Physical Oceanography/Applied Physics

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Grahamcombat
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Physical Oceanography/Applied Physics

Post by Grahamcombat » Mon Sep 17, 2018 2:27 pm

If anyone here does this or has direct contact with someone that does please hit me up.

Thanks, -Matt

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sierra11b
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Re: Physical Oceanography/Applied Physics

Post by sierra11b » Mon Sep 17, 2018 3:34 pm

Going to finally put the dynamic water resistant debate to rest with your watch, eh?

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Grahamcombat
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Re: Physical Oceanography/Applied Physics

Post by Grahamcombat » Mon Sep 17, 2018 4:12 pm

Gonna take a run at it. It’s interesting to me that we have accepted depth and anti magnetic testing but nothing listed or spec’d for G forces.

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Grahamcombat
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Re: Physical Oceanography/Applied Physics

Post by Grahamcombat » Mon Sep 17, 2018 4:17 pm

I find it interesting that my helmet, my armor, my rifle optics, and my light/laser all have Force impact ratings but not watches.

So, like I said, I’m gonna give it a run.

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rockmastermike
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Re: Physical Oceanography/Applied Physics

Post by rockmastermike » Mon Sep 17, 2018 4:26 pm

you are the Tip of the Spear, Graham - good luck, sir

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sierra11b
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Re: Physical Oceanography/Applied Physics

Post by sierra11b » Mon Sep 17, 2018 4:33 pm

Grahamcombat wrote:
Mon Sep 17, 2018 4:17 pm
I find it interesting that my helmet, my armor, my rifle optics, and my light/laser all have Force impact ratings but not watches.

So, like I said, I’m gonna give it a run.
I suppose the question is if all those other rating mean dick or are they akin to FDA standards when dealing with Food and Drug? Not sure if there's a NSF/FDA-like equivalent for gear like that?

You might just need to do it all yourself with some connections I'm sure you have. Have some SOF-types take it for a dance (water jump, etc) with go-pros which would mean far more than any test and look killer. There's at least one U2 pilot on WUS and possibly more on the Bremont forum. Ask the Beale boys to take it for a ride in a T38 and into near-space. Those guys routinely do unrestricted seat-in-your-pant airport climbs in my area from Stockton, Sacramento, and Oroville.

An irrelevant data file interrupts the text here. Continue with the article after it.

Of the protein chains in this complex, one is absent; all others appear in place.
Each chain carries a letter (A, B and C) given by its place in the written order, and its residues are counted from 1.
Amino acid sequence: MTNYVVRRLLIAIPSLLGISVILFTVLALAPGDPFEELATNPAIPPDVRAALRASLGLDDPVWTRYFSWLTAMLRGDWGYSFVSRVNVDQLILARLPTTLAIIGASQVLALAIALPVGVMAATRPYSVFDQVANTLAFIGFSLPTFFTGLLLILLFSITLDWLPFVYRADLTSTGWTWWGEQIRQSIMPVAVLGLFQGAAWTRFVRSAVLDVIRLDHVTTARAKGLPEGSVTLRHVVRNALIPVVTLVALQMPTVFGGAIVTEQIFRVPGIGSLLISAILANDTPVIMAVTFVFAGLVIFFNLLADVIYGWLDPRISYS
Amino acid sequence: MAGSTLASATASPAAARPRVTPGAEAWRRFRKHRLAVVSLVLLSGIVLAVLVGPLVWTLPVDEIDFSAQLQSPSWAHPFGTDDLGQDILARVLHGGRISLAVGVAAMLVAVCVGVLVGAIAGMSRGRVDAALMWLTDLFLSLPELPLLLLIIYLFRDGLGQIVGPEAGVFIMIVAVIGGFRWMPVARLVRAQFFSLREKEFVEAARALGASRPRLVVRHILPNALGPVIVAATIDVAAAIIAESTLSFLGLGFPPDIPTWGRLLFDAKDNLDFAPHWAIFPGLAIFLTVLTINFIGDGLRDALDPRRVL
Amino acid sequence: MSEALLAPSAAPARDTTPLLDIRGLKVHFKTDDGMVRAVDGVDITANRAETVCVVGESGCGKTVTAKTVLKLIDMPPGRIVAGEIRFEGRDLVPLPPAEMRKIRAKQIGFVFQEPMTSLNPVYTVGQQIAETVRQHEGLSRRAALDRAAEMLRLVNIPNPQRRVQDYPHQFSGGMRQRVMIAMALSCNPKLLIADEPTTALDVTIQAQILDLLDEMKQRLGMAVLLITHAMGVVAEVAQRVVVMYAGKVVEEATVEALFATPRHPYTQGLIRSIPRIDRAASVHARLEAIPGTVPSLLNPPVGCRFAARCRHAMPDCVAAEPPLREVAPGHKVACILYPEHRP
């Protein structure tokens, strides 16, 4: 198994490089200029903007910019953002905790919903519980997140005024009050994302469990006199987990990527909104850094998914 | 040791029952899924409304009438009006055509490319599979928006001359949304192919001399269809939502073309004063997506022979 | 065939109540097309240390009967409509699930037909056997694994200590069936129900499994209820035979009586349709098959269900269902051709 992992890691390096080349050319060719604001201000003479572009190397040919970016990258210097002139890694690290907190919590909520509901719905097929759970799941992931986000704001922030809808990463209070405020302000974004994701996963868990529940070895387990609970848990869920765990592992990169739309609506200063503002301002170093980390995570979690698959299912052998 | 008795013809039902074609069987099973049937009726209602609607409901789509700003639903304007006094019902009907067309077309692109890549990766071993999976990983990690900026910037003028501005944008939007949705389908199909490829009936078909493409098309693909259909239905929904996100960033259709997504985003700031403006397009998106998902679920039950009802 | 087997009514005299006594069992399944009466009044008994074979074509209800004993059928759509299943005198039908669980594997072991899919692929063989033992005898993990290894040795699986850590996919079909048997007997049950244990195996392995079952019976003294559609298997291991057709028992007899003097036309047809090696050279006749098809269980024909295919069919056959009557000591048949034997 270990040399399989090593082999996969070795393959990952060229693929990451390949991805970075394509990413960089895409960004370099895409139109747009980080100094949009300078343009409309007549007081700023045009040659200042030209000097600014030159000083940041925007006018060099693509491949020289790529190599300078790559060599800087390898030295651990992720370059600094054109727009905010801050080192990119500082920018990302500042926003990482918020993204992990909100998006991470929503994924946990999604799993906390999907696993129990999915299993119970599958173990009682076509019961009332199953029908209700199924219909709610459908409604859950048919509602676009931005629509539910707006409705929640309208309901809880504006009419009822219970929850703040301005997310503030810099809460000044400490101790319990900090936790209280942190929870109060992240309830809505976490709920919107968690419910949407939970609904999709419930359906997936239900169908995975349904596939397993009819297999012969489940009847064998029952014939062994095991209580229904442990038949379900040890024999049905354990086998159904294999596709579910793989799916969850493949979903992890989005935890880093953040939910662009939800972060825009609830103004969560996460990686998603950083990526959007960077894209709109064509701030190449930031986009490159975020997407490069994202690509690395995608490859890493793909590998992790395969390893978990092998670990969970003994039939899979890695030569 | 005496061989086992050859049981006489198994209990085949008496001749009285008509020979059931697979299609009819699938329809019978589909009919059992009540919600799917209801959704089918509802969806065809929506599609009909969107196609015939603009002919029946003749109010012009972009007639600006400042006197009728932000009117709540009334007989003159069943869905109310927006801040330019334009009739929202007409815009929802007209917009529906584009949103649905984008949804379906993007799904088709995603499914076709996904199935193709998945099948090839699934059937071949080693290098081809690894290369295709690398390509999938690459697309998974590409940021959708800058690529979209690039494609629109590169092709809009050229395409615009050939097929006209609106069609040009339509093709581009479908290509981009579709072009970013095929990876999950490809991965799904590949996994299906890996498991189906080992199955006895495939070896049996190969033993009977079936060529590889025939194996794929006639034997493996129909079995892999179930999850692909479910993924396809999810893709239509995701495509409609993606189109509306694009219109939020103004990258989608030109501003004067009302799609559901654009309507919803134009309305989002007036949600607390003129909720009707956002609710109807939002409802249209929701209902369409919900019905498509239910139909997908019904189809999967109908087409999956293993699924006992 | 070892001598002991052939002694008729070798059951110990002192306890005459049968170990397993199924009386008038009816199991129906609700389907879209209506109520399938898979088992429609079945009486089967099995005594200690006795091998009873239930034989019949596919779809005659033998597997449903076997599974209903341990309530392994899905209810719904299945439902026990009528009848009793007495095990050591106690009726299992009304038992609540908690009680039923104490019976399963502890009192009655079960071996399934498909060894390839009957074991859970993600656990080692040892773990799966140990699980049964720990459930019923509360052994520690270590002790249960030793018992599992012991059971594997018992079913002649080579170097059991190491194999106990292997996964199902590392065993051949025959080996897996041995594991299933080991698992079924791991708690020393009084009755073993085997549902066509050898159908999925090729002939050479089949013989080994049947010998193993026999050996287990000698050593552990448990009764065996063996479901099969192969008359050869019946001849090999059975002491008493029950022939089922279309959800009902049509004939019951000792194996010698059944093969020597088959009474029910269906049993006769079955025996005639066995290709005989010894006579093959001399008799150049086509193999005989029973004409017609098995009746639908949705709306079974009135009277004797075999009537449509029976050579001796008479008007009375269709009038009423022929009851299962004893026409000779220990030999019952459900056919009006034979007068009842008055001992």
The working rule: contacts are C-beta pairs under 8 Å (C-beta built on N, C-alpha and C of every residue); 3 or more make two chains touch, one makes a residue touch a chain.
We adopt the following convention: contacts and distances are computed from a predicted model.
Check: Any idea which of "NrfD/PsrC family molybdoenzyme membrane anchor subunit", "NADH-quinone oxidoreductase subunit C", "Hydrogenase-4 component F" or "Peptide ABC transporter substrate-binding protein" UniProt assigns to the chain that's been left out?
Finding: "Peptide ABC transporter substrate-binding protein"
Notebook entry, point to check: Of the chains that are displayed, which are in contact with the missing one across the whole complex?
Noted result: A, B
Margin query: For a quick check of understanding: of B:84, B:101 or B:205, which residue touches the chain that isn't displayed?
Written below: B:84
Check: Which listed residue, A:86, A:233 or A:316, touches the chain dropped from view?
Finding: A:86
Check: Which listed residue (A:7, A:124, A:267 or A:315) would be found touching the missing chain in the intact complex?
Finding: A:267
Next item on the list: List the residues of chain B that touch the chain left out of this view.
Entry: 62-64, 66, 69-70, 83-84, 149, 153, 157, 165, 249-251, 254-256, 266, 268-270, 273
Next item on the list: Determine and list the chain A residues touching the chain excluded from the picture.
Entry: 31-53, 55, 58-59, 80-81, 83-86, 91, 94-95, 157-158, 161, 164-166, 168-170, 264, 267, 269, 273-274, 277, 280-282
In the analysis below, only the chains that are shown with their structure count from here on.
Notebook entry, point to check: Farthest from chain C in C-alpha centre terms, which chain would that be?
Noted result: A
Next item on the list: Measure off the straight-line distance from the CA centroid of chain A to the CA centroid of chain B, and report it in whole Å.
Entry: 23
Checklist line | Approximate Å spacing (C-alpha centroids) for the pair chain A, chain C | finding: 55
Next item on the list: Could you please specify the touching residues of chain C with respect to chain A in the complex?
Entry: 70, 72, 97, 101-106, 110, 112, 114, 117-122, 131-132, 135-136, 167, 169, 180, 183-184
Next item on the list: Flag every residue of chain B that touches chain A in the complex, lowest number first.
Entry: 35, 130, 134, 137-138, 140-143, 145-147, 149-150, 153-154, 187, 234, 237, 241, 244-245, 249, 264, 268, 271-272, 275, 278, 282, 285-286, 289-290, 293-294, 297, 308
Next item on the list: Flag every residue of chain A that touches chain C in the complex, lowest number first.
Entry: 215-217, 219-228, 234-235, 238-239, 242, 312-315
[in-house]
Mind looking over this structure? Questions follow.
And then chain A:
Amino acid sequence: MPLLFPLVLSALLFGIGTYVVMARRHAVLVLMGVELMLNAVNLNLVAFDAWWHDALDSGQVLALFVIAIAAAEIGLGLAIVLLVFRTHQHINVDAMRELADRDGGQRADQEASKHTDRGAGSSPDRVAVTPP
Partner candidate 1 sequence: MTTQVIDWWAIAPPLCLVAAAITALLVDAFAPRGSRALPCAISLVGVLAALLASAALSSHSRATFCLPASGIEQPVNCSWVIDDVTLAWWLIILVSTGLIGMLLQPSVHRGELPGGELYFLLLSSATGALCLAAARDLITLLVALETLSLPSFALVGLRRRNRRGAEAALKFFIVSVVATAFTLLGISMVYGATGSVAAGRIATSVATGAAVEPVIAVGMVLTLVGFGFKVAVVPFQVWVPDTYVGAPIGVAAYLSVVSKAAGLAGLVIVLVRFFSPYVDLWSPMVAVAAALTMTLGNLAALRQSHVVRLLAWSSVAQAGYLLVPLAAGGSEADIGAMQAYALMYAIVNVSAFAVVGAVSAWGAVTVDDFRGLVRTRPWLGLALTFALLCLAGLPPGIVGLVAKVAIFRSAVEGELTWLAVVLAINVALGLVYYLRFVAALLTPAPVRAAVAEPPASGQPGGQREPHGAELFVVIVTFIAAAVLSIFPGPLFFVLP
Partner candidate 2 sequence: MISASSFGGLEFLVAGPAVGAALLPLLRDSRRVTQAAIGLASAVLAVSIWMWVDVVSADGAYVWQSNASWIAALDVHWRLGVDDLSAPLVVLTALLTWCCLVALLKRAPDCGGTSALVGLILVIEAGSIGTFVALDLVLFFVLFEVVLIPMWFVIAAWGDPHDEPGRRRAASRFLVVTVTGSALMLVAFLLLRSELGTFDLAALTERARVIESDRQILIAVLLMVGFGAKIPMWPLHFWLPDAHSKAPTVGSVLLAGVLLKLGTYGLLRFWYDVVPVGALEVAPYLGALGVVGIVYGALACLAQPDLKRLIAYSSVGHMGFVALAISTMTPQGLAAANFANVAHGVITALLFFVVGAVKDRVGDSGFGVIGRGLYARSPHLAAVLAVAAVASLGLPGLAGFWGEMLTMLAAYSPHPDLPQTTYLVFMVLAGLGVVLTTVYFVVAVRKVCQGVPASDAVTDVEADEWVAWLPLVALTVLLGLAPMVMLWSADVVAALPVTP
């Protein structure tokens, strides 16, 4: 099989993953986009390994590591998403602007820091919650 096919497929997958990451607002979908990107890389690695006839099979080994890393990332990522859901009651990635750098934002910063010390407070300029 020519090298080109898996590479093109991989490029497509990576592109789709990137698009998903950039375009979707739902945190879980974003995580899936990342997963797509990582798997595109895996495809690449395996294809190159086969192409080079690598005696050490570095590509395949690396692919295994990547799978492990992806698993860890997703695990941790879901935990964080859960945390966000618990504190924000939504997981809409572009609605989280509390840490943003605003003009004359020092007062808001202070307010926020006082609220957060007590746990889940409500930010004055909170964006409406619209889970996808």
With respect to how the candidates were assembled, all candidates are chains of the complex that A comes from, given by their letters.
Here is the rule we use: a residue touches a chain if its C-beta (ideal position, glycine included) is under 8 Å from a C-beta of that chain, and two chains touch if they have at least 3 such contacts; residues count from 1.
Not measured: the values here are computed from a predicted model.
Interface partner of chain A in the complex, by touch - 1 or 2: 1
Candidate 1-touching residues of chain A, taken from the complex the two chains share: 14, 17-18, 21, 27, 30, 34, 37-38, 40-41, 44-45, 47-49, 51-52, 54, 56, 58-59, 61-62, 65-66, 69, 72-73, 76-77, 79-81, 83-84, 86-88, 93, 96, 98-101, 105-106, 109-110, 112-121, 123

Having Dr. Poindexter give his expert opinion would be great but real world testing would speak for itself.

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Grahamcombat
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Re: Physical Oceanography/Applied Physics

Post by Grahamcombat » Mon Sep 17, 2018 5:18 pm

I’m entering into the t&e phase with my prototypes, which I’ve set for 9,000 hours, aggregate over the number of units. The watches are already slated for jumps, dives, and ops with metrics for gathering data.

I have no problem establishing the testing protocol: I’d rather it be me than someone else. I’m already redefining the depth-test standards for my product peer group by utilizing a series of three tests: the standard vacuum test and depth tests that are conducted without movements and then adding a 125% individual wet test with the completed watch.

Most companies batch test without movements because its expensive to flood a watch - you basically destroy the movement. My position is: I’d rather take the failure on my end than you experience a failure at yours. I’m making and delivering operational mission timers that can not afford to fail.

My attention to detail delivering you an Ares watch is on par with my attention to detail when I was delivering national security operations at the CIA: failure is unacceptable.

Do it right and you only need to do it once.

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sierra11b
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Re: Physical Oceanography/Applied Physics

Post by sierra11b » Mon Sep 17, 2018 5:25 pm

Copy. Good stuff all around. Anxious to see the end result.
Last edited by sierra11b on Mon Sep 17, 2018 5:27 pm, edited 1 time in total.

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gonzomantis
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Re: Physical Oceanography/Applied Physics

Post by gonzomantis » Mon Sep 17, 2018 5:26 pm

How do you know for certain that a completed watch doesn't suffer water ingress during the test?

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Grahamcombat
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Re: Physical Oceanography/Applied Physics

Post by Grahamcombat » Mon Sep 17, 2018 5:27 pm

gonzomantis wrote:How do you know for certain that a completed watch doesn't suffer water ingress during the test?
Heat pad is final for condensation test

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Safetystop
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Re: Physical Oceanography/Applied Physics

Post by Safetystop » Mon Sep 17, 2018 5:28 pm

:lol: :lol:
I just did this at the table with Ed over pizza. Not hard.

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Selym
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Re: Physical Oceanography/Applied Physics

Post by Selym » Mon Sep 17, 2018 5:28 pm

gonzomantis wrote:
Mon Sep 17, 2018 5:26 pm
How do you know for certain that a completed watch doesn't suffer water ingress during the test?
If it passes the "dry" test, the odds are very good that it'll pass the "wet" test.

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Grahamcombat
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Re: Physical Oceanography/Applied Physics

Post by Grahamcombat » Mon Sep 17, 2018 5:30 pm

So basically what I’m saying is we’re doing it twice: without movement and then with movement.

A wet watch test without full assembly to me is like dry firing a weapon: you know the cycle of operation works but it didn’t fire an actual round. So I’m going to take the time to do it twice, empty then full.

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gonzomantis
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Re: Physical Oceanography/Applied Physics

Post by gonzomantis » Mon Sep 17, 2018 5:33 pm

You are building a lot of anticipation here. I'm looking forward to seeing the end result.